Referring to FIG. 6 herein there is illustrated schematically a cross-section view of the throttle assembly in the closed configuration according to the second specific embodiment.

There is illustrated the primary drive gear 504, a plurality of vane spindle gears 505, 601, 602, 603, 604. Each gear 504, 505, 601, 602, 603, 604 is operatively connected to a vane 605, 606, 607, 608, 609, 610. The primary drive gear 504 is connected to the first vane 605. The vane spindle gears 505, 601, 602, 603, 604 are connected to vanes 606, 607, 608, 609, 610 respectively.

When the primary drive gear 504 is not moved by a user it remains in a closed configuration. Vane 605 is therefore in a position to restrict the flow of the air/fuel mixture. As the vane spindle gears 505, 601, 602, 603, 604 all move in response to movement of the primary drive gear 504, the other vanes 606, 607, 608, 609, 610 are also disposed therefore in a position to restrict the flow of the air/fuel mixture.

Referring to FIG. 7 herein, there is illustrated schematically a cross-section view of the throttle assembly in a fully open configuration according to the second specific embodiment.

When the user activates the throttle 501, the primary drive gear 504 rotates the vane 605 such that the vane is disposed at up to 180 from the main cylindrical axis of the throttle assembly 501.

The vanes have an aerofoil-shaped cross-section to further improve the efficiency of generating a vortex.

The primary drive gear 504 is operatively connected to the throttle ring 506 such that rotation of the drive gear 504 in addition to rotating and opening the first vane 605 also causes a rotation of the throttle ring 506. The throttle ring 506 is operatively connected to the vane spindle gears 505, 601, 602, 603, 604. When the throttle ring 506 is rotated by the primary drive gear 504 rotation of the vane spindle gears 505, 601, 602, 603, 604 is also affected. As the vane spindle gears 505, 601, 602, 603, 604 are operatively connected to vanes 606 to 610 respectively, vanes 606 to 610 are rotated through up to 45.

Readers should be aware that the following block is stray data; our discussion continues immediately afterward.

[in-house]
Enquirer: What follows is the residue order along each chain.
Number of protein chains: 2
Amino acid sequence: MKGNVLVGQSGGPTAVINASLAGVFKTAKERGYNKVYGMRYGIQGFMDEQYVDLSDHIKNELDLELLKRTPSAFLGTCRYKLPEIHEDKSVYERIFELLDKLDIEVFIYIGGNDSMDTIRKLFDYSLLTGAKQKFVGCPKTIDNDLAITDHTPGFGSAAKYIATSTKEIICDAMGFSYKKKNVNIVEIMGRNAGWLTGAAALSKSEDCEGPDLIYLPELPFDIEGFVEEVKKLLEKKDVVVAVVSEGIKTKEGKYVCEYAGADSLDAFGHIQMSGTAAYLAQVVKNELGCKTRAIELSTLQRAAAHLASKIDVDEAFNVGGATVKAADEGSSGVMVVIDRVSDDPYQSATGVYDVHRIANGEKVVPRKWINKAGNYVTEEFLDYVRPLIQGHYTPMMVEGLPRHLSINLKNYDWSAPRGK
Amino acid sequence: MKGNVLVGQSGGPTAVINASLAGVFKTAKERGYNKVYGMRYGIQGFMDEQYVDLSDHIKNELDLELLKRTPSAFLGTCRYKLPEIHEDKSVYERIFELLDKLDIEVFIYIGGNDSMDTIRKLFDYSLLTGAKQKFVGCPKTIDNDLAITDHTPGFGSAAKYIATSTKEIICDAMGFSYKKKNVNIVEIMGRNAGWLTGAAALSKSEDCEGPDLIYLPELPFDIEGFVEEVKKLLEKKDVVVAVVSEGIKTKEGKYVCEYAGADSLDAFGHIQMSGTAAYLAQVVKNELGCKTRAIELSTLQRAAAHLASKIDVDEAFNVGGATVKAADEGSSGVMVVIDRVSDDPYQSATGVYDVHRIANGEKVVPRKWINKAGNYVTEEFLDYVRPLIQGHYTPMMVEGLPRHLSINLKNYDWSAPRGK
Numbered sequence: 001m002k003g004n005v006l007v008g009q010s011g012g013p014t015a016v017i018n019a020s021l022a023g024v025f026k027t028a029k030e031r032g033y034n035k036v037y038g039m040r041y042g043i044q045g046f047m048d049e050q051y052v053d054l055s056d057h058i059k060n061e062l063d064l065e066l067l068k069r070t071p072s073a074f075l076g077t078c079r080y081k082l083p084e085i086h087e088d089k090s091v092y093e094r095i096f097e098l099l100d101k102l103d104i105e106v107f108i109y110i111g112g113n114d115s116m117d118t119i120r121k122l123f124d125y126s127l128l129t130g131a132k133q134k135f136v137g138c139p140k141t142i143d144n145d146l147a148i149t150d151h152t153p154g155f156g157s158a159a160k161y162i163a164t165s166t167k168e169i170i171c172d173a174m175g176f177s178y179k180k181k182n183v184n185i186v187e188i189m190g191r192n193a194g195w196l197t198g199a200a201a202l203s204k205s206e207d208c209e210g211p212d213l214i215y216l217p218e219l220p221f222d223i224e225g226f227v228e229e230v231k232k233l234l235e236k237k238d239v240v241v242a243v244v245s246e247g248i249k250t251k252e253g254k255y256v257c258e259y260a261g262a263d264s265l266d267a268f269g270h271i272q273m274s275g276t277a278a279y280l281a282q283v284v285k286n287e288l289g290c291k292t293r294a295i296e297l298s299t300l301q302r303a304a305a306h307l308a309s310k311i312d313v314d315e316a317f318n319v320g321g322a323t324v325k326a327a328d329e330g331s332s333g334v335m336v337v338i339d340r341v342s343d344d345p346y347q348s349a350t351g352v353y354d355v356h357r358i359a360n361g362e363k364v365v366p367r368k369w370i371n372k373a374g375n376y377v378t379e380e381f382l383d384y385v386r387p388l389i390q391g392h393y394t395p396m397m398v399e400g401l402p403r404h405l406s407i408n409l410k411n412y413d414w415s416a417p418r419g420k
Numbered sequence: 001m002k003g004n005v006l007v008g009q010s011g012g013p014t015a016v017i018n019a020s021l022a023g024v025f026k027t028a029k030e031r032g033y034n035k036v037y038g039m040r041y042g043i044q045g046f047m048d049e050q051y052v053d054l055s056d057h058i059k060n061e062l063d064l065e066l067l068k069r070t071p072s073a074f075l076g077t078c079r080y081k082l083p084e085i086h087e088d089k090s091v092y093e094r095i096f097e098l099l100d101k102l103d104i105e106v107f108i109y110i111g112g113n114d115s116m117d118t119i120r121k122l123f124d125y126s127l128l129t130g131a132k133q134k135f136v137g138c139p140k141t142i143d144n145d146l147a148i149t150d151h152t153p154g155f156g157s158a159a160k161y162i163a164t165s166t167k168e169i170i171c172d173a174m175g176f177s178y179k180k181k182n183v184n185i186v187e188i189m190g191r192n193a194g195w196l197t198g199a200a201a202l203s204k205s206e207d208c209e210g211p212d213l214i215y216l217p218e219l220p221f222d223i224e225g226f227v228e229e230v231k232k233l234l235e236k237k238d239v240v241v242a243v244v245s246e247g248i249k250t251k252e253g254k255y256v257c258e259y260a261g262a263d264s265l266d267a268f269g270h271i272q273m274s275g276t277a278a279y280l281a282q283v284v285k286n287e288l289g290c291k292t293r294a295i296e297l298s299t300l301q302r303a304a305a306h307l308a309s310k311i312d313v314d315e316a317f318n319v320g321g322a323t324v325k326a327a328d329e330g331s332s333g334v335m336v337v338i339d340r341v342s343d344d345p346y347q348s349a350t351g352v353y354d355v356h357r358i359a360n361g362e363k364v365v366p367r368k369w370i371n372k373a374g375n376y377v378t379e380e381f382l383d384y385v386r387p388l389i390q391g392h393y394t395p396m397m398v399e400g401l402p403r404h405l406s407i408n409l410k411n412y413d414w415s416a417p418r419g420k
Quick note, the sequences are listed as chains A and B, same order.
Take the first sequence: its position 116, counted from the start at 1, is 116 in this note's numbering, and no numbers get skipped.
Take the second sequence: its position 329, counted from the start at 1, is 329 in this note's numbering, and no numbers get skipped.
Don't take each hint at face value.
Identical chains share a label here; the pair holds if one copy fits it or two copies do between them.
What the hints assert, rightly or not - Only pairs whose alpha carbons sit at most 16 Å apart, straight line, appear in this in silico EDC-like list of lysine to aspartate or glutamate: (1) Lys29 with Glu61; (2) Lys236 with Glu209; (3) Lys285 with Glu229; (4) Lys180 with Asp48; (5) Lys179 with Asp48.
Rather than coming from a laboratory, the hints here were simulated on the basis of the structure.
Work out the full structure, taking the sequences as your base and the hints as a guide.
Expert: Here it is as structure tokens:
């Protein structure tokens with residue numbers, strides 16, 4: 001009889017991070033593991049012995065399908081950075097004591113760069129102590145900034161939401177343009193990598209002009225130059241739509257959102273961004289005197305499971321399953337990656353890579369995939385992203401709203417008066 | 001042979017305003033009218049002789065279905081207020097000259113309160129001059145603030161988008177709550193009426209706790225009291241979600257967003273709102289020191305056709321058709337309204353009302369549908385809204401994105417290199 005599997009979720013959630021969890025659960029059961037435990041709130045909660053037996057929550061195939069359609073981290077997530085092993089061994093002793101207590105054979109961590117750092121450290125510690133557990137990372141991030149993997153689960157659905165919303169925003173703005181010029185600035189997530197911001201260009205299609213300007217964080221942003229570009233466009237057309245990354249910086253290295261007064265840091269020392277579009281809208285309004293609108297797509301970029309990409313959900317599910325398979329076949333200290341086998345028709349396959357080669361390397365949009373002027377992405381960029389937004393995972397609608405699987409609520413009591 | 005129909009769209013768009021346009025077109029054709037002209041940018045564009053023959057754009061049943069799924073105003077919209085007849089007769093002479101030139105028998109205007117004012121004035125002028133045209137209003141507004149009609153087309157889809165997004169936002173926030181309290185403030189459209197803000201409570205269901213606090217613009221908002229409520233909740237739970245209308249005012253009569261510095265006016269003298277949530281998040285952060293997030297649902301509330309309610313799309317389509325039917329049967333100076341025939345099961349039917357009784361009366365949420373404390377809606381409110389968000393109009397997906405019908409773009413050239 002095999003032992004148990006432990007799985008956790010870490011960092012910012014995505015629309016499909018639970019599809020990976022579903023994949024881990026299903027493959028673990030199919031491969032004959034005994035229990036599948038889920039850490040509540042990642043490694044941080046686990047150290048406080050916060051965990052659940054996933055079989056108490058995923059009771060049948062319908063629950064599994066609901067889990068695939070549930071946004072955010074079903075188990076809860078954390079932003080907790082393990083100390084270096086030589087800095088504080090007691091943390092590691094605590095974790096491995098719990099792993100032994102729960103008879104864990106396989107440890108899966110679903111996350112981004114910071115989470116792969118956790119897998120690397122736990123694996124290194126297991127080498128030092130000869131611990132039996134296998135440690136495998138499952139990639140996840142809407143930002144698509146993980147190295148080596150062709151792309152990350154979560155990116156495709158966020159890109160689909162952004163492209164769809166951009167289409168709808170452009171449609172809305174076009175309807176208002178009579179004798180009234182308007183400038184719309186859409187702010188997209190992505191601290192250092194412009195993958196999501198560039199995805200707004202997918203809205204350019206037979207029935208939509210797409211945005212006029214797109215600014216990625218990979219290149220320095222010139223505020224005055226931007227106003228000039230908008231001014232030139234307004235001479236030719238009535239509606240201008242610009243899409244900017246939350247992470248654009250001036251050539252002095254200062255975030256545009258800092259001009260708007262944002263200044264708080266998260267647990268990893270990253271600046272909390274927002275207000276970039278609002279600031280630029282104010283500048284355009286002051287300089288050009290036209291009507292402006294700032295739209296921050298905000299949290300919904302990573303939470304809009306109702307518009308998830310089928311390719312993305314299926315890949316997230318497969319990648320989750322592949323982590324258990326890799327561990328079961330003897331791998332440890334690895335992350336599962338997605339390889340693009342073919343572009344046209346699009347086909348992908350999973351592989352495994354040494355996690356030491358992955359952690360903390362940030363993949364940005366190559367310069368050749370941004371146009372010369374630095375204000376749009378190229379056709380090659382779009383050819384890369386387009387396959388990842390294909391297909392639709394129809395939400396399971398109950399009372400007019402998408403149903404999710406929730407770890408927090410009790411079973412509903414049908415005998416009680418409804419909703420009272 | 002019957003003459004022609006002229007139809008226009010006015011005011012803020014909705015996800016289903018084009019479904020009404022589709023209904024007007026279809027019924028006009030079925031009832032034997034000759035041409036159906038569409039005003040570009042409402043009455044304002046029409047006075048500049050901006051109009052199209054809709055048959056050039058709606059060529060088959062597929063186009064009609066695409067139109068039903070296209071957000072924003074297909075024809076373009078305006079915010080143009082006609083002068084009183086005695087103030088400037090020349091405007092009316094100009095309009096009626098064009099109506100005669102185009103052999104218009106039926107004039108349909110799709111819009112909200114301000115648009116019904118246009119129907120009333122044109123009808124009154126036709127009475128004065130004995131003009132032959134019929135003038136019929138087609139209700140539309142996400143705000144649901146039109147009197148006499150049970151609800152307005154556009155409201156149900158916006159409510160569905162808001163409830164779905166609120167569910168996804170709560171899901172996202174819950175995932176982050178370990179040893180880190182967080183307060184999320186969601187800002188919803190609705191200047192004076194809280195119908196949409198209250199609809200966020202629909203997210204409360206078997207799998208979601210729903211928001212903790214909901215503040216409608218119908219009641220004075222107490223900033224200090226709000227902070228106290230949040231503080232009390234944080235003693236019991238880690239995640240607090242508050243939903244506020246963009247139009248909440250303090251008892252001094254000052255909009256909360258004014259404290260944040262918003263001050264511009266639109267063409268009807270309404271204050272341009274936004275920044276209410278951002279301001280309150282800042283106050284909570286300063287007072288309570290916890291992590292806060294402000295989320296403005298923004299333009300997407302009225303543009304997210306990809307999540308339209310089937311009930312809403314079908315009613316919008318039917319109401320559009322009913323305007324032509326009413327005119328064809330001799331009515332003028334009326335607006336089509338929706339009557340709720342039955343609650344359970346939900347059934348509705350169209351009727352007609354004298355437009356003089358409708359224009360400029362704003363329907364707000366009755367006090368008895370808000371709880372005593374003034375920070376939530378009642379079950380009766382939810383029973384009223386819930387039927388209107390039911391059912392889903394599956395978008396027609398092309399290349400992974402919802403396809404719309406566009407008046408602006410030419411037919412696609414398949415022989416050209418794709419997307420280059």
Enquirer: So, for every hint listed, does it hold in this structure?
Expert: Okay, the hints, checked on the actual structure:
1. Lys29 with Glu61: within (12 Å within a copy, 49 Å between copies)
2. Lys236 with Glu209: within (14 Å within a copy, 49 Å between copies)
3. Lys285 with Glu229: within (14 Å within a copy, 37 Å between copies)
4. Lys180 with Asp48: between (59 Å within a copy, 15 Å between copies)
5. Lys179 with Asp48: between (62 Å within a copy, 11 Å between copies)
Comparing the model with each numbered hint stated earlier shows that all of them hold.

Rotation of the vanes 605 to 610 opens the throttle assembly to allow passage of the air-fuel mixture through gaps 6611-616, thereby allowing the air/fuel mixture to the engine 104. Rotation of the vanes 605 to 610 also causes the vanes 605-610 to be disposed at an angle to the main direction of air/fuel flow. In this way, the vanes 605-610 act as a vortex generator and cause swirling of the air/fuel mixture.

The angle of the vane to the airflow can be varied to improve efficiency at different engine speeds, as the degree of vortex generated affects the degree of mixing between the fuel and the air, and the speed of movement of the air/fuel mixture.

Referring to FIG. 8 herein, there is illustrated schematically an internal combustion engine according to the third specific embodiment. The internal combustion engine comprises a carburetor 101, a throttle 102, an inlet manifold incorporating a rotation device 701 and the engine 104.

The inlet manifold 701 comprises a plurality of guides or vanes along a length of the manifold guiding the air into the separate inlet tubes and imparting a rotation of the air/fuel mixture. These guides or vanes cause the air/fuel mixture to swirl as they enter the engine.

According to a fourth specific embodiment, there is provided an inlet pipe that enters a plenum chamber or main tube of the manifold at an off-centre position. Referring to FIG. 9 herein, there is illustrated schematically a cross-section view of an arrangement for imparting a vortex motion into a fluid according to a fourth specific embodiment.

The air inlet 902 into a manifold 901 has a radial axis that is not concentric with a radial axis of the manifold 903. Because air enters a larger space in the manifold 901 from the air inlet 902 at an offset position, the natural tendency of the air is to adopt a swirling or vortex motion 903 as it enters the manifold. The air inlet 902 may be disposed such that is enters the manifold 901 at one end of the manifold. Alternatively, the air inlet 902 may enter the manifold tangentially to increase the degree of vortex motion that is generated.

A similar effect can be achieved by providing an off-set outlet pipe from the plenum chamber or the manifold. In the fourth specific embodiment, the mixing element comprises an offset air inlet or air outlet.

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Referenced by
Citing PatentFiling datePublication dateApplicantTitle
US8141538 *Dec 12, 2008Mar 27, 2012Chung-Yu YangIntake ducting device for a car engine
US8683791 *Aug 20, 2010Apr 1, 2014Toyota Motor Engineering & Manufacturing North America, Inc.Method and system for homogenizing exhaust from an engine
US20100147242 *Dec 12, 2008Jun 17, 2010Chung-Yu YangIntake ducting device for a car engine
US20120042641 *Aug 20, 2010Feb 23, 2012Crane James MMethod and system for homogenizing exhaust from an engine
Classifications
U.S. Classification123/306, 123/592, 123/337
International ClassificationF02M29/06, F02M29/02, F02B31/04, F02D9/10
Cooperative ClassificationF02M29/02, F02M29/06
European ClassificationF02M29/06, F02M29/02
Legal Events
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Apr 19, 2012FPAYFee payment
Year of fee payment: 4